Relationships with audiences are changing, but traditional broadcasters are fighting just as hard as new media owners for quality documentary content and to bring out new voices, talent and sectors. In the UK, FourDocs provides a space where audiences can upload their documentaries. Channel Four curates the content and also uses it to spot talent for its broadcast channel. Other documentary-on-demand online sites from broadcasters are appearing throughout Europe.

One of the issues with film-making has always been the search for funding, but now with the internet, it may be a case that independent film-makers will find an audience for a film before they find the film. The documentary Iraq For Sale used the internet to raise funds to make the film, raising $375,000 through online donations in just 10 days.

The controversial documentary Loose Change, which advocates a 9/11 conspiracy theory, was initially refused by broadcasters worldwide. However when it was uploaded onto Google Video and downloaded 32 million times, broadcasters snapped it up, and it eventually made money.

Film-makers can also create niche communities on the internet. Next year, the human rights portal witness.org will have a human rights video hub where people can upload films of interest, such as human rights violations. A new platform conceived at Sheffield Doc Fest, Docutube.com, will allow documentary makers to upload content which viewers then pay to watch - ensuring the money goes back to the film-makers rather than profiting media owners.

While some (usually older) documentary makers see the internet as a marketing tool, younger ones see it as a way to make new, fresh and exciting content - interactive, cross-platform and non-linear. Websurfing and computer games feature hyperlinks and user-selected navigation. The interactive documentary Beethoven's Hair has an accompanying online documentary.

New documentary production and publishing methods were the focus of the Mediamatic Any Media Documentary workshop at IDFA in November. European film professionals developed prototype documentary projects using mobile phones, new media, interactive stories and computer game features. One documentary used "footnotes" on screen, which the user could select to go into more detail while viewing the documentary. "You can't do that in a regular documentary," says workshop manager Klaas Kuitenbrouwer. "These are not linear documentaries, they are fragmented, user generated and cross-media. People can use games to generate footage or simulate spaces. There are no rules. All you own is style."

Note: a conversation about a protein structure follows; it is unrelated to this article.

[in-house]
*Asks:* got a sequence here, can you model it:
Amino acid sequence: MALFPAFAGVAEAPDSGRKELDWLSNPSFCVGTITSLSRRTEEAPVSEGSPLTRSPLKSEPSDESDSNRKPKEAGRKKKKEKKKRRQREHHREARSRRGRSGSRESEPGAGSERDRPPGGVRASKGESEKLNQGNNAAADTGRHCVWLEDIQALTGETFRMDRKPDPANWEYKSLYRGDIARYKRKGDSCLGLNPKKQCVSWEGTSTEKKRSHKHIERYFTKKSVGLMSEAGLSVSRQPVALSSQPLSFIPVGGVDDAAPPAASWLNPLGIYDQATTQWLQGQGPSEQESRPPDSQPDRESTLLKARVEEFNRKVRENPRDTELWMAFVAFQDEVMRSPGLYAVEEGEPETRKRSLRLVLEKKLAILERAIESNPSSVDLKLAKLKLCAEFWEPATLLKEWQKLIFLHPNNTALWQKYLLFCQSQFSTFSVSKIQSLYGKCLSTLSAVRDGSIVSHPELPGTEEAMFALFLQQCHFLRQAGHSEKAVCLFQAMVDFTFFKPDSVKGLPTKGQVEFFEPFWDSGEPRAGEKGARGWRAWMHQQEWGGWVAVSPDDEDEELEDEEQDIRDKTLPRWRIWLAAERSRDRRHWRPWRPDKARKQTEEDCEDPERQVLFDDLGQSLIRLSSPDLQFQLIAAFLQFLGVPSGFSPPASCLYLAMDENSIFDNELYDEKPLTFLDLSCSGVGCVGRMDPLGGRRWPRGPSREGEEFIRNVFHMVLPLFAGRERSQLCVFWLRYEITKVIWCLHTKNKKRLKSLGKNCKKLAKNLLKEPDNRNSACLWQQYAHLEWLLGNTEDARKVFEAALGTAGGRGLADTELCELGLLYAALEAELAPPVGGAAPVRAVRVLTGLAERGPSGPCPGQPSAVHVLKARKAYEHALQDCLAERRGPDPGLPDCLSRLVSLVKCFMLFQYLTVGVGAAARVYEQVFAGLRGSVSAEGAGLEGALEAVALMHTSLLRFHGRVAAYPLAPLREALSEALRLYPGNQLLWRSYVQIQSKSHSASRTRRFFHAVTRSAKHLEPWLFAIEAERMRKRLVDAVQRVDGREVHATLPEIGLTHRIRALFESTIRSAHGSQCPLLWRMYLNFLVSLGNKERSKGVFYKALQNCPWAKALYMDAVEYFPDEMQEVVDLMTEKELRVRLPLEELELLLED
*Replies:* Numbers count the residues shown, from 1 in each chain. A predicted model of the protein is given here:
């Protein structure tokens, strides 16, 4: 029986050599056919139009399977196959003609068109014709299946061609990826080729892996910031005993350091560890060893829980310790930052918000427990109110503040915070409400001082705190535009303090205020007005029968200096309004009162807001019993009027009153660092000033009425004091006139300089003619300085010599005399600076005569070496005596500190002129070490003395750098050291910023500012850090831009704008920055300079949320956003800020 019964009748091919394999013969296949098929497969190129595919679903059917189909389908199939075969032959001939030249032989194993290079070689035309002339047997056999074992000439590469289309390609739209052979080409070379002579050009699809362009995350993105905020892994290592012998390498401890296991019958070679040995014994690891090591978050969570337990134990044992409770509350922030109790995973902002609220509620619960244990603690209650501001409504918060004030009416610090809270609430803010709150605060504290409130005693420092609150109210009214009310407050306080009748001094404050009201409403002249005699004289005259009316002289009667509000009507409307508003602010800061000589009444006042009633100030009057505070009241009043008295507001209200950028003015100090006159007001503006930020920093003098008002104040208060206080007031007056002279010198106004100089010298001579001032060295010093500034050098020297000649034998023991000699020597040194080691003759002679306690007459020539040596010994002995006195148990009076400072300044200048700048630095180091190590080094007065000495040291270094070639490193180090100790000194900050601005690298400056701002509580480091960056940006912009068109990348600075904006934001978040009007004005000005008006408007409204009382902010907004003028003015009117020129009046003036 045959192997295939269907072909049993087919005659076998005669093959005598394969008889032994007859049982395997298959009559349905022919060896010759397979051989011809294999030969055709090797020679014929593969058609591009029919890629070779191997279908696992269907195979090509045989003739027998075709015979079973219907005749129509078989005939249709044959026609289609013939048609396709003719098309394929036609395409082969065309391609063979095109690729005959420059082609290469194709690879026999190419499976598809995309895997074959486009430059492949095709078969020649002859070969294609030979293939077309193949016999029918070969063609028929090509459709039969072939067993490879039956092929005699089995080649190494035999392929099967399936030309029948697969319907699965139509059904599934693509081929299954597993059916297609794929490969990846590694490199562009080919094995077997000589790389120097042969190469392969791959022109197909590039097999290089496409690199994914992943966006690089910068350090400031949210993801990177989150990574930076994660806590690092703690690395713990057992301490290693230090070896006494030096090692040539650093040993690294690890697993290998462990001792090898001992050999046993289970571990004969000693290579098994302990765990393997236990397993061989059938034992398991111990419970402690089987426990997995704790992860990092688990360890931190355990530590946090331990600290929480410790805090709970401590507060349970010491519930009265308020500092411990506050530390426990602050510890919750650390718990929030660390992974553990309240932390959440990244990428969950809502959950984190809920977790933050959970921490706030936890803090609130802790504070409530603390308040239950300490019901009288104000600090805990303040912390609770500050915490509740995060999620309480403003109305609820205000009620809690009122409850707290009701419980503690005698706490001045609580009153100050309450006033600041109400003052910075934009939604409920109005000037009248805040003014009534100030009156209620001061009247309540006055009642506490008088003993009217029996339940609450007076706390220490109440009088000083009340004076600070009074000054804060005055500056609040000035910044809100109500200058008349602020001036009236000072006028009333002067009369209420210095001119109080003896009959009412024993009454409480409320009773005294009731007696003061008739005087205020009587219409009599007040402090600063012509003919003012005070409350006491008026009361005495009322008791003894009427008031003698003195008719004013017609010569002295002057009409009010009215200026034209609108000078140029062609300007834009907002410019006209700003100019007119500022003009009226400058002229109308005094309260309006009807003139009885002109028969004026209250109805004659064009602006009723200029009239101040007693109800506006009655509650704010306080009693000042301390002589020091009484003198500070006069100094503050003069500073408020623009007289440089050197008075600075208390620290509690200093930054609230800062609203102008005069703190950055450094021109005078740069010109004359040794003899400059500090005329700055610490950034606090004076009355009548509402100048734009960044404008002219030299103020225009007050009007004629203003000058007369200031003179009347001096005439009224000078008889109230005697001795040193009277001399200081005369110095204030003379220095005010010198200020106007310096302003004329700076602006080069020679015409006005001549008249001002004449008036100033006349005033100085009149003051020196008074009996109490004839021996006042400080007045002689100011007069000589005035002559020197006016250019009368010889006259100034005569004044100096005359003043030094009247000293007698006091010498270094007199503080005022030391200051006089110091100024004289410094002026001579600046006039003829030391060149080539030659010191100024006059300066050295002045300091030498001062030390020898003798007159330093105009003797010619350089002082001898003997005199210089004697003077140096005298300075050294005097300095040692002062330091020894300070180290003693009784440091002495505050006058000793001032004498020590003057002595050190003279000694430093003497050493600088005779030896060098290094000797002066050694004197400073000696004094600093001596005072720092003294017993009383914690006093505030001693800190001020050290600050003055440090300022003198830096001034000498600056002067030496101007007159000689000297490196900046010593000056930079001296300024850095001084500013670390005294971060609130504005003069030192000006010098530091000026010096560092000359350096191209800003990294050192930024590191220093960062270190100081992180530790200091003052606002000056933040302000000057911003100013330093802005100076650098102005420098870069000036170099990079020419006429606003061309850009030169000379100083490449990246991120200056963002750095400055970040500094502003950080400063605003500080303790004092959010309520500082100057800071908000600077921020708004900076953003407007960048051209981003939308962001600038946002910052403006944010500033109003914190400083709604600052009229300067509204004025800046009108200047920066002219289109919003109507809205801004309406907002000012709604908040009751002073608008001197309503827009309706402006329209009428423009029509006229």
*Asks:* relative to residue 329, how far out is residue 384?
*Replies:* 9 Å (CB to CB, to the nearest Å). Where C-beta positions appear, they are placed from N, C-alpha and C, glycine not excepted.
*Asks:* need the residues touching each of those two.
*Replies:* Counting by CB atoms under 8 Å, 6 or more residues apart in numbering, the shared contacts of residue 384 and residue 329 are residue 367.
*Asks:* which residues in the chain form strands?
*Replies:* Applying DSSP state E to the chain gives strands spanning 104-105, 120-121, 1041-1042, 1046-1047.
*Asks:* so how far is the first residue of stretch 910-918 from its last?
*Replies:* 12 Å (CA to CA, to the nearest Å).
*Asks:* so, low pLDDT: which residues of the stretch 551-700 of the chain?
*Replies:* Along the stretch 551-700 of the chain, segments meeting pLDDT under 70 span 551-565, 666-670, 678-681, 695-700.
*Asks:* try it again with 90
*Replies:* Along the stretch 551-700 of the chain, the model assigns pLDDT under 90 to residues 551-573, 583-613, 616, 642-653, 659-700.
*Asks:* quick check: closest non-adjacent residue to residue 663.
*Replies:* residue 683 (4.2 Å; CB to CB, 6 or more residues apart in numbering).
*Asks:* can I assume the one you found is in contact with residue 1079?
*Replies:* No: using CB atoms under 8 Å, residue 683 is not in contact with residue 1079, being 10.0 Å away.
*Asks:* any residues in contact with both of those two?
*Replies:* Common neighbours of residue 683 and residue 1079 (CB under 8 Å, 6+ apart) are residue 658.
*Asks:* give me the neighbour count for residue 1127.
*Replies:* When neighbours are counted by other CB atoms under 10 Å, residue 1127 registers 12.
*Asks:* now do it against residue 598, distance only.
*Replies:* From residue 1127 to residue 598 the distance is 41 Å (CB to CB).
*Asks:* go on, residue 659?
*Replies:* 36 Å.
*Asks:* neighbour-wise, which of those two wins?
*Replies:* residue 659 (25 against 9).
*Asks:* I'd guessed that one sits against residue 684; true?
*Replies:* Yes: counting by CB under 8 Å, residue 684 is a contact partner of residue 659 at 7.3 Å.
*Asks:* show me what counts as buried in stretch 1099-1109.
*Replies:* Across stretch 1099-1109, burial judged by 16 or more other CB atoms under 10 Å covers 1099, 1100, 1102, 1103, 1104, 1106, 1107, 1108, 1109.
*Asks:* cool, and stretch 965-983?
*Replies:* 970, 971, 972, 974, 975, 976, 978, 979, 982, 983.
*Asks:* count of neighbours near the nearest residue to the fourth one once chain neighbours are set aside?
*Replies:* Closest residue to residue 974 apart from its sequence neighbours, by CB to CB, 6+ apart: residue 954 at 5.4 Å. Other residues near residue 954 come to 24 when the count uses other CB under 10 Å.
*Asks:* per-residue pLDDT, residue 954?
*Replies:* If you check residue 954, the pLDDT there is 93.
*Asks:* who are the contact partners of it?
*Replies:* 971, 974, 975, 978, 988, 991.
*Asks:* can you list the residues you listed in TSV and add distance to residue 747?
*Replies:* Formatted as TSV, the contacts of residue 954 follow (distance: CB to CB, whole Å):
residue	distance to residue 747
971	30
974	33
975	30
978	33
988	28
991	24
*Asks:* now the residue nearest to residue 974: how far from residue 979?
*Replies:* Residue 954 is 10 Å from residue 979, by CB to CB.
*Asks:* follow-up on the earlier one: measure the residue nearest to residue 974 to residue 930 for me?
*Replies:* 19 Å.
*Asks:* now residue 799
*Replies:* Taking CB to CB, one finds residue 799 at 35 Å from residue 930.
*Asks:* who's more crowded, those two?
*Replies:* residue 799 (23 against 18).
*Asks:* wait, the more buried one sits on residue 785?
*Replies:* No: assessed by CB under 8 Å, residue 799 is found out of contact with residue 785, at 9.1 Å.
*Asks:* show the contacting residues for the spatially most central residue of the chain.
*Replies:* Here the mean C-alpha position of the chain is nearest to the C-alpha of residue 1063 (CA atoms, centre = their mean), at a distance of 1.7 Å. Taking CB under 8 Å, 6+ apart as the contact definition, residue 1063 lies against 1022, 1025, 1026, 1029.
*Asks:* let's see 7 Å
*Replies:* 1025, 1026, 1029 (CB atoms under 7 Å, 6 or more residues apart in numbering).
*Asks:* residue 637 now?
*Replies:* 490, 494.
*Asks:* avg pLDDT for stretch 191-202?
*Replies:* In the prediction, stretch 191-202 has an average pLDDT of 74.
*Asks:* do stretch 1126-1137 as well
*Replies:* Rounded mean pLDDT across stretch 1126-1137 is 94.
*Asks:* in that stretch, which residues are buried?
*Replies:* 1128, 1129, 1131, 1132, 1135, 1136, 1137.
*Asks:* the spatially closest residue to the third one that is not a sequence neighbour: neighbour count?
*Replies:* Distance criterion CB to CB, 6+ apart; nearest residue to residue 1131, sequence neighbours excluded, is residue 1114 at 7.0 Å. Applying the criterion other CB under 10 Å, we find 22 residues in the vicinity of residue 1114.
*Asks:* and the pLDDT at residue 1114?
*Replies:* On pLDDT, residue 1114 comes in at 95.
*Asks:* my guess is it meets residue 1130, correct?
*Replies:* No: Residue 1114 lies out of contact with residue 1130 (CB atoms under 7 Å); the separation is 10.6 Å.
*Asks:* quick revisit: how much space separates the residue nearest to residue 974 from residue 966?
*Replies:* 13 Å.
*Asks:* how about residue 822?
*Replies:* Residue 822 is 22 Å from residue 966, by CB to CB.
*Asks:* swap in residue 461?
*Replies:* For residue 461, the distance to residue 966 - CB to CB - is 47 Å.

It's a mixed blessing for filmmakers. Mobile phones and the internet are taking audiences away from television, thus reducing independent film funding, but are providing new opportunities. "One of the main changes in the documentary industry is funding. It's harder to find or get a commission," says Fleur Knopperts. "It's harder to get audiences for TV documentaries - younger audiences use the Internet more. We have to decide what that audience will be watching in the future - video, cellphone, iPod, internet or broadcast. If you're a film-maker, who are your new partners, who will finance films?"

With mobile broadband, you'll soon be able to watch a documentary on your mobile phone or mp3 player. How people will use mobile, downloadable content - and whether films get shorter and more interactive - is yet to be tested. But the challenge that every documentary maker faces is to bring something special to the audience and to the screen, whether it's a 20-foot cinema screen or a two-inch mobile phone.

"The two worlds will exist in 20 years. You will always be watching documentaries in cinema but the cinema and internet will go hand in hand," says Adriek van Nieuwenhuyzen, deputy director of IDFA. "The main challenge in documentaries is to find a new approach," she says, referring to the ease in which anyone can record footage of events such as 911 and Hurricane Katrina. "People feel they've seen it all. New devices allow people to immediately report on events. The next step is how you step beyond it and create a film."

Digital film means cheaper, quicker film productions - so more films. But to make a true "creative treatment of actuality", you need something special. For 2005's March of the Penguins, the production crew spent 13 months in Antarctica, risking their lives in the harshest place on earth, to find this.

"Don't make films, if you can live without it," says award-winning Russian documentary director Victor Kossakovsky. "There are too many films around already. Thirty years ago, film-makers were unique - Fellini, Antonioni, Bergman. Today, in any corner you'll find 10 film-makers. We have made this profession very ordinary. Documentaries should be unpredictable. You need something special: you need a different way of looking at the world."